Blu-Ray Rip Is HUGE! How to Reduce with Best Quality Outcome?

Hi all,

I haven't bothered to rip a disc in years. An older friend bought a BRD of a movie she liked but only has a DVD player. So, I said I'd see if I could just rip it to a file for her.

Well, with the two "extras" videos on it, it came to 40GB+ ! I was shocked. Anyway, she has a 43" Hisense TV and wants to play it from it's USB (it has 2 & 3). I'm trying to get it down to less than 32GB, as that's the largest I have that I can give to her.

I had a look at Handbrake info and my head is spinning. I'm hoping that someone here can tell me the simplest, best settings in either Handbrake or some other freebie to do this:

40GB+ (has built-in subtitles for English) MKV —>

want reduced to less than 32GB retaining decent quality.

Thanks all!

:)

Comments

  • +6 votes

    32GB rip on a 43" TV haha

    If you already have an MKV file, just use Handbrake, Video, Quality, either choose a constant quality (17-24) or average bitrate (use math for 32GB).

    https://handbrake.fr/docs/en/latest/workflow/adjust-quality....

    Also: H264 for 1080p and H265 for 4K (if you don't want to waste time, just use NVENC instead of CPU encoding).

    • +1 vote

      I can easily tell the difference between 4K & 1080p content on my 43" Samsung Frame. I'm a perfectionist though, most people I know aren't especially fussed with the difference, regardless of TV size.

    •  

      https://handbrake.fr/docs/en/images/mac/quality-control-1.1....

      I remember now why I hated ripping. I understand frames per sec., but that's about all.

      If it's a certain preset (30fps), as in this photo example, then what changes/how does the slider reduce quality?

      I looked up NVENC. I don't have a NVIDIA card.

      •  

        Leave the "Preset" in the default position (Fast).

        Just select constant quality and change the slider to something like RF22 for a Blu-Ray source and RF19 for a DVD source.

        For video codec, x265 will create a smaller file (around half the size for the same quality, on average) but takes around 4 to 5 hours for a 1.5 hour movie. It may be better to just leave it at x264.

        In the Filter tab, check if Deinterlace is set to "Decomb". If it is, and your source isn't interlaced (meaning it isn't an old TV show which shows horizontal comb-like lines when you play it back), then turn it to off.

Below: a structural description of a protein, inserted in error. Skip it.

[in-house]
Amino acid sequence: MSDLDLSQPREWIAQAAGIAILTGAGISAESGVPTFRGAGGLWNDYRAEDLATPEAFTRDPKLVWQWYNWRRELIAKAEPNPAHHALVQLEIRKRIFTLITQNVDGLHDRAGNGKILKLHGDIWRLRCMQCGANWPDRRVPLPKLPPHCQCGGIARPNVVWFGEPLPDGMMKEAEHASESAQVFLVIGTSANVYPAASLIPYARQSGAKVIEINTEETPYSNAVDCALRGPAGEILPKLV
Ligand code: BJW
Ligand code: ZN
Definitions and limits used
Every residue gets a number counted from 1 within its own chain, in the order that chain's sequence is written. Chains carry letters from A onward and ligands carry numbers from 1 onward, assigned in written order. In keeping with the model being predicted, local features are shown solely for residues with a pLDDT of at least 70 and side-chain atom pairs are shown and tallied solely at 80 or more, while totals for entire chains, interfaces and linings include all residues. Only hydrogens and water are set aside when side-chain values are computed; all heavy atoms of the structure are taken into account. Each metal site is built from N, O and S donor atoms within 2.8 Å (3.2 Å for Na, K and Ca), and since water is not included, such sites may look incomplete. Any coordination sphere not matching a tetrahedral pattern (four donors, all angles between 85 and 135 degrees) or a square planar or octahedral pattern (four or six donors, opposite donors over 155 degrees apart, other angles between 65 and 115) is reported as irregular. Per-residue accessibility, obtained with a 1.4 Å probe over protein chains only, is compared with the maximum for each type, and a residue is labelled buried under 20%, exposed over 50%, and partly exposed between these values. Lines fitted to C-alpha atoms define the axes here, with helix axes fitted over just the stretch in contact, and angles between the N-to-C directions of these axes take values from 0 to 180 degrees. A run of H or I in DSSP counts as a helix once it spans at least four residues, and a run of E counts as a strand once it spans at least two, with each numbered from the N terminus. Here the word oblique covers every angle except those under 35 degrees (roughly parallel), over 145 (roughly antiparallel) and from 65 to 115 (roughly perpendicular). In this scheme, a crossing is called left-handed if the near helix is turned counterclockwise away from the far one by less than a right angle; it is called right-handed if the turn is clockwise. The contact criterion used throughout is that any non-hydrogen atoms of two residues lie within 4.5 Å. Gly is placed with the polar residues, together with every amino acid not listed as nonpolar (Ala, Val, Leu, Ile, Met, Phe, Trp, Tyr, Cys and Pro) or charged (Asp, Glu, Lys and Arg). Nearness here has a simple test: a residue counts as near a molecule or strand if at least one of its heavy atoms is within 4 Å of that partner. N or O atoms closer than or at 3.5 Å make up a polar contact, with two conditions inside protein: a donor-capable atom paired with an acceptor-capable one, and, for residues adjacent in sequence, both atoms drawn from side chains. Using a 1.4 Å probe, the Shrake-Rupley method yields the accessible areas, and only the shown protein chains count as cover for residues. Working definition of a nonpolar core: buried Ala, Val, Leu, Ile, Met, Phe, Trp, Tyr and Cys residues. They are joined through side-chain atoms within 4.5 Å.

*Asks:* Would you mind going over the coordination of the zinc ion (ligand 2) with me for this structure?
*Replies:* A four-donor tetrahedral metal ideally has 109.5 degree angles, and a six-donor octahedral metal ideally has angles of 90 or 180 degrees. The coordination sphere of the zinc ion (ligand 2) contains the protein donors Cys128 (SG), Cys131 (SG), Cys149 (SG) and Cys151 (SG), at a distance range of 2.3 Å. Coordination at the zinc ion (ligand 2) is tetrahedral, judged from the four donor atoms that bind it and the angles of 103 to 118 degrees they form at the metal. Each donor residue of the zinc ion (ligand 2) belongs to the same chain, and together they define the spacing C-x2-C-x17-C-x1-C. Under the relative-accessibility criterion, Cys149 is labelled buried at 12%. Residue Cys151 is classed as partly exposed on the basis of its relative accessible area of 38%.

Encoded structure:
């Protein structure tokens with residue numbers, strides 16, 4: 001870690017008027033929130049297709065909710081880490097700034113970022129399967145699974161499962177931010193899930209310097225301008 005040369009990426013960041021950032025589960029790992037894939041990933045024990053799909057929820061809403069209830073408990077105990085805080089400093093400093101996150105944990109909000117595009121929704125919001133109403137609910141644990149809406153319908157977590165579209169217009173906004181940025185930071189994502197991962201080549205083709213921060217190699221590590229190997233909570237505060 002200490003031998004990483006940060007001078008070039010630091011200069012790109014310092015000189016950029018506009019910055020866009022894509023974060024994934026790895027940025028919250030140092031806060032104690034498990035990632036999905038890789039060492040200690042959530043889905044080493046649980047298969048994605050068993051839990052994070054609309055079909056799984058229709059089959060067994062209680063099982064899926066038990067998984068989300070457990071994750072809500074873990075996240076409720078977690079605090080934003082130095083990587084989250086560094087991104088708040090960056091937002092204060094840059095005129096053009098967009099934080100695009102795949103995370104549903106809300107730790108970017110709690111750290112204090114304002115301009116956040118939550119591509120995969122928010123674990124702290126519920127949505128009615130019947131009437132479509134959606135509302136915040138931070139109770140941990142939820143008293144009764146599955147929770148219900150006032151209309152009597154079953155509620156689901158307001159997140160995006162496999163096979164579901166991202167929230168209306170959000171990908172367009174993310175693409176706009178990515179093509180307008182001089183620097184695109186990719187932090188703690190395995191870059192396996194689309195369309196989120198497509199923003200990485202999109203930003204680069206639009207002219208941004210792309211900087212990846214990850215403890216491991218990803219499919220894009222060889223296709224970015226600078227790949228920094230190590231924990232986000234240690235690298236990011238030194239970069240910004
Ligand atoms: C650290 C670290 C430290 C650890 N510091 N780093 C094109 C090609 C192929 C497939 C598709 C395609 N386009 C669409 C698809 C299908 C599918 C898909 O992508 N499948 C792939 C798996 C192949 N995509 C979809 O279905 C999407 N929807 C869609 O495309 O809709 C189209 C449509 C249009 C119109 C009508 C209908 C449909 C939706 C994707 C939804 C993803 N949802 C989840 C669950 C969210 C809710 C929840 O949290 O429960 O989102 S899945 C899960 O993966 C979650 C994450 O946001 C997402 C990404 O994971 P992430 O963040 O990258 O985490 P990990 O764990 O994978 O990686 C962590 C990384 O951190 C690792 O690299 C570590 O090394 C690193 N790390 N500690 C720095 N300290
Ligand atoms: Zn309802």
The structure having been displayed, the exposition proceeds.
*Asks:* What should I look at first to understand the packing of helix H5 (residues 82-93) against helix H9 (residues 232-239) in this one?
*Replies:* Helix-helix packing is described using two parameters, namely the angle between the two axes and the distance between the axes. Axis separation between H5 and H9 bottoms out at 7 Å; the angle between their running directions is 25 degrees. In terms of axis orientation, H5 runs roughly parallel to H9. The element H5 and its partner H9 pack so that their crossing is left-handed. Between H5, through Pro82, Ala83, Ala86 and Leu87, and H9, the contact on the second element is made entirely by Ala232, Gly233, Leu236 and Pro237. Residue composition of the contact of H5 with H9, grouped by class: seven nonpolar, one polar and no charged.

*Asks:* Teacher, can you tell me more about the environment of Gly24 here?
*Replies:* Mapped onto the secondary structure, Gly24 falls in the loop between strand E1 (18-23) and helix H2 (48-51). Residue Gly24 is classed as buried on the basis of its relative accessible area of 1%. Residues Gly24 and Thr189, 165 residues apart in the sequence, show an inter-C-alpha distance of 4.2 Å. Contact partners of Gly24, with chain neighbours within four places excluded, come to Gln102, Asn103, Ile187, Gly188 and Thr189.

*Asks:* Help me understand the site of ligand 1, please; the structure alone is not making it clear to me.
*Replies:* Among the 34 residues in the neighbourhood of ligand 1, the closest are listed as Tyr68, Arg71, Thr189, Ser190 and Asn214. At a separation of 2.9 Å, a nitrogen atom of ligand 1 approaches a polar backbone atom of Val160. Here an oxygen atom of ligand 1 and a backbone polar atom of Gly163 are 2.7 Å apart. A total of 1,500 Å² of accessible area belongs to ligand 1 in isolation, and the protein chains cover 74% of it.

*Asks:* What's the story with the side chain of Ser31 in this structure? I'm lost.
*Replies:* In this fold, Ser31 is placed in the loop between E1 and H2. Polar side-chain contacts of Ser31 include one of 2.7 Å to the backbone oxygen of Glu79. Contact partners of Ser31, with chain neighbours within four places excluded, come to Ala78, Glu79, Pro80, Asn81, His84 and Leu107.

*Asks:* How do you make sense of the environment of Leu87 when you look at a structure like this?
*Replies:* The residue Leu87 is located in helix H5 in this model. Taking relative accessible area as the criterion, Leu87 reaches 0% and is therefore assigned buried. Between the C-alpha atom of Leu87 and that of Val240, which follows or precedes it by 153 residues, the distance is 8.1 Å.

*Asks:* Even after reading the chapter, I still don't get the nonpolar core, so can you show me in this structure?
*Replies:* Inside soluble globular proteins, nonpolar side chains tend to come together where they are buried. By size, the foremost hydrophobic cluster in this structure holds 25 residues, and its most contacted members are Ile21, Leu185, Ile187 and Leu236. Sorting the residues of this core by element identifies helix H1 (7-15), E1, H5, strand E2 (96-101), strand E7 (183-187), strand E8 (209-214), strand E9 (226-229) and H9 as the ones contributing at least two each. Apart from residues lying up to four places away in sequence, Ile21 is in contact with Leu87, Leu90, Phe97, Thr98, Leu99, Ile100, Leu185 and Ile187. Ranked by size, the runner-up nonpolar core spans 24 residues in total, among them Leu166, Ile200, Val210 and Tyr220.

If your source has a directors commentary or foreign language track that you want to keep, or subtitles that you want to keep, then in the Audio and Subtitles tabs, click on "Add Track" and then "Select all remaining tracks".

        That's mostly it. You don't really need to change any of the other settings.

  • +26 votes

    Just download the torrent

    • +1 vote

      Exactly! Any 720p .mp4 rip that is more than 1GB but less than 3GB will be perfect for an average person on a 43incher.

    •  

      It's a very specific opera and players/singers. I tried that first. ;)

      •  

        I’m on a few private trackers that has some really obscure torrent, what’s the name of it and I’ll see if it’s on there

  • -2 votes

    Just get a bigger hard disc drive, they are getting cheaper now

  • +1 vote

    Just buy a Blu ray player

  • -1 vote

    Just buy the DVD.

    •  

      She already has the Bluray. My question was how to reduce the file size.

      •  

        She already has the Bluray.

        I had a client who bought a bluray player that didn't have composite outputs. He was still using a CRT TV. This was ~2015.

        I told him he needed a new TV, or a different player. He throws away receipts though, so couldn't return the player. After much moaning about having to buy a new TV, about 2 weeks later I took him TV shopping.

        We bought a 46" TV, and a new basic entertainment unit, and then he tells me he's given his player to his Mum, and wants a new one.

        The new one had composite outputs on it …

  •  

    Just MakeMKV

    Edit: Actually, does MakeMKV encode or just mux?

  •  

    Have you even checked that she can play .mkv…? Not every TV's software will do it, and can need specialised media players

    •  

      That's why I linked the TV. "Says" it can play MKV. Won't know until I get it back to her.

      •  

        When you rip it I think you'll want to use MP3 for the audio codec. Whenever I try and play a bluray remux/encode directly on a TV from USB at a friends place it's issues playing the audio track that get me, I think because mine usually have DTS-HD audio tracks.

  •  

    My rips can be like 70GB. You do notice the difference between standard scene rips, certain shots in a movie especially.

  • -1 vote

    Just stream it. “¯\_(ツ)_/¯“

    •  

      or aquire a "backup" online.

  •  

    Years ago I used StaxRIP as it was easier to use by default over handbreak, but if you wanted you could configure allot more features than handbrake if you used the filters and transforms and changed the config for the tools.

  • +1 vote

    Just a thought but is it worth just finding a blu-ray player? Or an Xbox one? Given it's a 4K TV, it would look better and I'm sure it wouldn't be the last blu-ray she'd buy if she had the chance

    $75 for the cheapest blu-ray player ($99 or so for brand names), or I'm sure ~$100-150 would get you a used xbox one